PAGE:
Colorado COVID-19 Progress Update As Stay-Home, Safer At Home Orders Change Rules For Residents Often: Keep It Up, Polis Says

Colorado Gov. Jared Polis gestures during a press conference on March 25
Hart Van Denburg/CPR News
Colorado Gov. Jared Polis gestures during a press conference on March 25, 2020.

Today, the first day many Coloradans could go back into work — with some social distancing rules and restrictions in place — Gov. Jared Polis gave an update from the State Capitol on how things are faring under Colorado’s Safer-At-Home order.

The daily coronavirus infection growth rate and hospitalization growth rate continue to decline, Polis said, but statistics from the Colorado Department of Public Health and Environment show the state is up to 848 COVID-19 deaths.

To increase testing, Polis reiterated that the state is working to increase four types of testing sites: private sector and health care facilities, targeted testing for outbreaks and at-risk populations, collaborations with private sector partners — and local community based testing sites, which are now mapped in a new online tool.

Polis said that, moving forward, guidelines have to be realistic for health safety but also for business owners — that the state can’t mandate expensive equipment for most businesses, but can recommend putting decals on the floor to help demonstrate ideal social distancing.

A report by conservative-leaning groups FreedomWorks and the Committee to Unleash Prosperity named Polis as the only Democratic governor to get an “A” rating for his handling of the pandemic, along with eight other Republicans. The report assesses “how measured or damaging [governors’] have been with respect to safeguarding the economic well-being of their citizens.”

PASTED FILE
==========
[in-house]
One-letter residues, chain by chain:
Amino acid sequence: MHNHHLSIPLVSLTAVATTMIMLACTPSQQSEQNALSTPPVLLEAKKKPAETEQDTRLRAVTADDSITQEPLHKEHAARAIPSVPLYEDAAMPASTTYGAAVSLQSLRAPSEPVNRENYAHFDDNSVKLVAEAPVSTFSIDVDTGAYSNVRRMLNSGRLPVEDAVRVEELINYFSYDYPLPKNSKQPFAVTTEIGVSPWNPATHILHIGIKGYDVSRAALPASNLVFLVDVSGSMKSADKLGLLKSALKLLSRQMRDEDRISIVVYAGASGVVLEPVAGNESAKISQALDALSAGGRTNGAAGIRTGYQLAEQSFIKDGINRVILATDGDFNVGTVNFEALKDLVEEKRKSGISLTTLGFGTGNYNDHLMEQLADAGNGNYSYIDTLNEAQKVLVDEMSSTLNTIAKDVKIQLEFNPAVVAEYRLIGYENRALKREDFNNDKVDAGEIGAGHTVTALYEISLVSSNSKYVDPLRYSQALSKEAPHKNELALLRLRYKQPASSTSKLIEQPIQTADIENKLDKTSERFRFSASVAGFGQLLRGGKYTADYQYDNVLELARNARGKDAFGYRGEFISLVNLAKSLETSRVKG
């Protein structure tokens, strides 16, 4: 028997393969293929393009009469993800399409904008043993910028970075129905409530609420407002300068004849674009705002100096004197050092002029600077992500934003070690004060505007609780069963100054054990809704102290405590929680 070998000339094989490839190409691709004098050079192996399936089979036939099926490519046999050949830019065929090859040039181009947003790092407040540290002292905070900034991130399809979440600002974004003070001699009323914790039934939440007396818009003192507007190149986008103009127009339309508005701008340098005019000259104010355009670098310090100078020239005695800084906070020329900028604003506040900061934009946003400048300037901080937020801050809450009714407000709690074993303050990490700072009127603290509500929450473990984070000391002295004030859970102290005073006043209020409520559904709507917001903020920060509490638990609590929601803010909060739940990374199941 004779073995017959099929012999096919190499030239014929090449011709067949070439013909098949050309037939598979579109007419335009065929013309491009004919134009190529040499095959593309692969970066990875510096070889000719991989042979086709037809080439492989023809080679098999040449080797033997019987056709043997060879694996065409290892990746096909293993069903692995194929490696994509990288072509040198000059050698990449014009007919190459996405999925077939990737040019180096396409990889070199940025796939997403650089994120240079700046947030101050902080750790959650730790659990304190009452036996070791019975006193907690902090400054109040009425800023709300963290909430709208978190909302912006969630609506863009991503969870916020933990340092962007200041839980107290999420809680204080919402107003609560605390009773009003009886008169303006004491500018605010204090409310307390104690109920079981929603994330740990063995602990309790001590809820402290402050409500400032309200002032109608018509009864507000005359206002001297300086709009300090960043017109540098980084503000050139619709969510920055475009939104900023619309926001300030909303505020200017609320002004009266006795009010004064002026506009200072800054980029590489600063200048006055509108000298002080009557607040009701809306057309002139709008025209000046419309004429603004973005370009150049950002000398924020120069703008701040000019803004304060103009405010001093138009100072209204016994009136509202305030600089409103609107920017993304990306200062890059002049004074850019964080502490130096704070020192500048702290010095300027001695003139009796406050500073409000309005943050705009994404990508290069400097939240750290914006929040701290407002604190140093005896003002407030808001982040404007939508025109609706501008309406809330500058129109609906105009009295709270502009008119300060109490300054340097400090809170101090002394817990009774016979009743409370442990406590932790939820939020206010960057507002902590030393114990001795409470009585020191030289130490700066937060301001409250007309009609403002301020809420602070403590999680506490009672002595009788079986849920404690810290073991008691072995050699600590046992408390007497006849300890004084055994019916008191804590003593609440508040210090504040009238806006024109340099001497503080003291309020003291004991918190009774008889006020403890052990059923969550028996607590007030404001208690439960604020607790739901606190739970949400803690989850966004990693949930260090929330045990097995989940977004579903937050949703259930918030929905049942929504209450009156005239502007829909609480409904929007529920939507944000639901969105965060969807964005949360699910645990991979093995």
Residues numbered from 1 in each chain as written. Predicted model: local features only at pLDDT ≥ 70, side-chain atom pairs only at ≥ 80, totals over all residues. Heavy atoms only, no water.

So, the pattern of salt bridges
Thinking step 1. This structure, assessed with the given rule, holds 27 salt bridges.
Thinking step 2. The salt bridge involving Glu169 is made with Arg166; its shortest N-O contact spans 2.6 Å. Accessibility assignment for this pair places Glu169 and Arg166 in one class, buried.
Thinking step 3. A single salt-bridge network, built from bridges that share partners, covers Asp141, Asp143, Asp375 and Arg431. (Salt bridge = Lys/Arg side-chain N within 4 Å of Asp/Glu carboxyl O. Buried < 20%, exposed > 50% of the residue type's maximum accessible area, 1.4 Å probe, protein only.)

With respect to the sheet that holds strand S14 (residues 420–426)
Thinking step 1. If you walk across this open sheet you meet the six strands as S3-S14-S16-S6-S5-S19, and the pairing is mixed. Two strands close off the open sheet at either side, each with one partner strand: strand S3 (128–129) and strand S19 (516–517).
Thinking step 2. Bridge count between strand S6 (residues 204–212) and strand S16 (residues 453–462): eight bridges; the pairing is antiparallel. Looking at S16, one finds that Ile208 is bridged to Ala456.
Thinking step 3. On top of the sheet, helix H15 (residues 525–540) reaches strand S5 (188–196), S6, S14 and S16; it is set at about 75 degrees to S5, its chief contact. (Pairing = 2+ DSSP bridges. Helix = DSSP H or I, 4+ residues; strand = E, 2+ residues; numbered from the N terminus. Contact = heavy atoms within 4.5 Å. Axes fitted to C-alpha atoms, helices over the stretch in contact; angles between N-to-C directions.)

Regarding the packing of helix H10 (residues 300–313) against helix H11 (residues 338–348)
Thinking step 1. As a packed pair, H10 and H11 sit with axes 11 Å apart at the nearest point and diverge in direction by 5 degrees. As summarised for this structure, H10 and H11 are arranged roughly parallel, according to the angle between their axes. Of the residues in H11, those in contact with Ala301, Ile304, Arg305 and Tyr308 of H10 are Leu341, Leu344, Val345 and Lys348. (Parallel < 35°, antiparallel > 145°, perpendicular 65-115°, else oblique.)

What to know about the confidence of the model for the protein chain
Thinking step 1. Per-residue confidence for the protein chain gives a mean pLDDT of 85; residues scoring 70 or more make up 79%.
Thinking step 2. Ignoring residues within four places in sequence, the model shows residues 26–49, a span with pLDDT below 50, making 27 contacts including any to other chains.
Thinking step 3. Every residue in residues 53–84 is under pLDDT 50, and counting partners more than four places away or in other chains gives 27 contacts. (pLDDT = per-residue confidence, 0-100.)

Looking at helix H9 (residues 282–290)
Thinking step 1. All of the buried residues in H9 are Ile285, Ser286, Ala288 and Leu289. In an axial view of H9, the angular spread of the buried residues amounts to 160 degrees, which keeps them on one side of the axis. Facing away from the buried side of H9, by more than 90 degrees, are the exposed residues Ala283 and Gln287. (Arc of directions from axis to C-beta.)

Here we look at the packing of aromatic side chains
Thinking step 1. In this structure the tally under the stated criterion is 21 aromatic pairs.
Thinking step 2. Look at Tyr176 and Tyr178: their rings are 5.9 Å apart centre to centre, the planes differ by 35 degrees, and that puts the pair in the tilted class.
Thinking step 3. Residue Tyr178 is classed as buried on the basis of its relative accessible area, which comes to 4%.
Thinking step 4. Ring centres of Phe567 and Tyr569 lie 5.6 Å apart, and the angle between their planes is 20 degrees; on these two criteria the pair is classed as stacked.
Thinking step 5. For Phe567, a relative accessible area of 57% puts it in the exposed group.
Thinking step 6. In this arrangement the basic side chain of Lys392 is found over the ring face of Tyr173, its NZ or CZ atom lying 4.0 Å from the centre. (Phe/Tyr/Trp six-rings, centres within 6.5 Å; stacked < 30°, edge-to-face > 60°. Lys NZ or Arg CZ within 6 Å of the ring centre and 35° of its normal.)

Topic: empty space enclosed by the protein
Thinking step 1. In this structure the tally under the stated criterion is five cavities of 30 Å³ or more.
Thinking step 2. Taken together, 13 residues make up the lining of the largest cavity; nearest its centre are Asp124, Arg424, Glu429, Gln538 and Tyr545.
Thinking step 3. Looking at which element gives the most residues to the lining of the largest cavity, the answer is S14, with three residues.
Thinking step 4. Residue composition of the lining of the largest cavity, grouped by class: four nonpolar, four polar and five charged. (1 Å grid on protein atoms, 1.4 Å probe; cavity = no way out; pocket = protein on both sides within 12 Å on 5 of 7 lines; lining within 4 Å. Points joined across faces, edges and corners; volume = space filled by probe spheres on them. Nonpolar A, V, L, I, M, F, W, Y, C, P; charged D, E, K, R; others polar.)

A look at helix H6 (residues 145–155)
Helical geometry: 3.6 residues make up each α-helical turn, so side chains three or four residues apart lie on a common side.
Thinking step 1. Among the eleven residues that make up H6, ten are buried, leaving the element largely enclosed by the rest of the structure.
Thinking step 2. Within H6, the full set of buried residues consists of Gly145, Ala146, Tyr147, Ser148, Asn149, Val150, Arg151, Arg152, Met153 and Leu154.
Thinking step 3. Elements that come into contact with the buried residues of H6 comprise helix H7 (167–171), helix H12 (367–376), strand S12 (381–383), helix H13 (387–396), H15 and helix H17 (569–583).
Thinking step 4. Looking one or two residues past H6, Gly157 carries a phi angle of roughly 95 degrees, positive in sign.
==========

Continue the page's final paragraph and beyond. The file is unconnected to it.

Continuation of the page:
In response to the report, Polis said the virus should never be “partisan or ideological.”

“Of course I’m thrilled if Colorado lives up to that ‘A,’” Polis said, “And I hope we get similar marks in our work protecting peoples’ health. This is a health crisis and an economic crisis.”

Throughout the event, he repeated pleas for individual responsibility and action.

“For this to work, for us to move forward and not backwards, people need to take this deadly seriously,” he said.

When asked if he’s concerned about the lack of testing at the JBS USA meat processing facility in Greeley, where six employees have died and 245 have tested positive for COVID-19, Polis said he would “encourage JBS to test everybody,” as the company had said it would. The state opened a community testing site nearby, after it learned JBS would not test all of its employees before reopening the meat processing plant.

The state's Safer-At-Home order went into effect April 27. Today, the order allows businesses to have up to 50 percent of their employees onsite with the rest at home. Offices with more than 50 people in a given location are asked to follow additional health protocols like temperature and symptom checks. 

“As you venture out, it’s not a time for anxiety and fear, but it is a time for justified caution,” Polis said. 

Some counties have extended their Stay-At-Home orders. Denver, Boulder and Tri-County’s orders are slated to end May 8. 

And while the state strongly encourages everyone to wear a mask whenever they’re outside of the home, some counties are issuing their own facemask orders. Denver’s will go into effect May 6, and will require residents to wear a face-covering while inside or waiting in line to enter certain businesses and facilities. Boulder’s facemask order goes into effect May 9, and will require those older than 12 to wear a face covering “when in public anywhere in Boulder County where social distancing of 6 feet cannot be maintained.”

Polis also announced members of the Governor’s Advisory Committee for Cooperation and Implementation, including Larimer County Commissioner Steve Johnson, San Miguel County Commissioner Hilary Cooper, Pueblo Mayor Nick Gradisar, Montrose Mayor Barbara Bynum, Denver Public Health and Environment director Robert McDonald, Eagle County public health director Hearth Harmon, Jefferson County Sheriff Jeff Shrader, Bloomfield Police Chief Gary Creager and Poudre Fire Authority Chief Thomas Demint.

Polis started the conference by recognizing Paul Cary, the Colorado paramedic who died from COVID-19 after he volunteered to help fight against the novel coronavirus in New York City.

“He knew he was risking his own life,” Polis said. “He saw people in need and, he raised his hand, and he said ‘I’m up for the challenge of helping.’”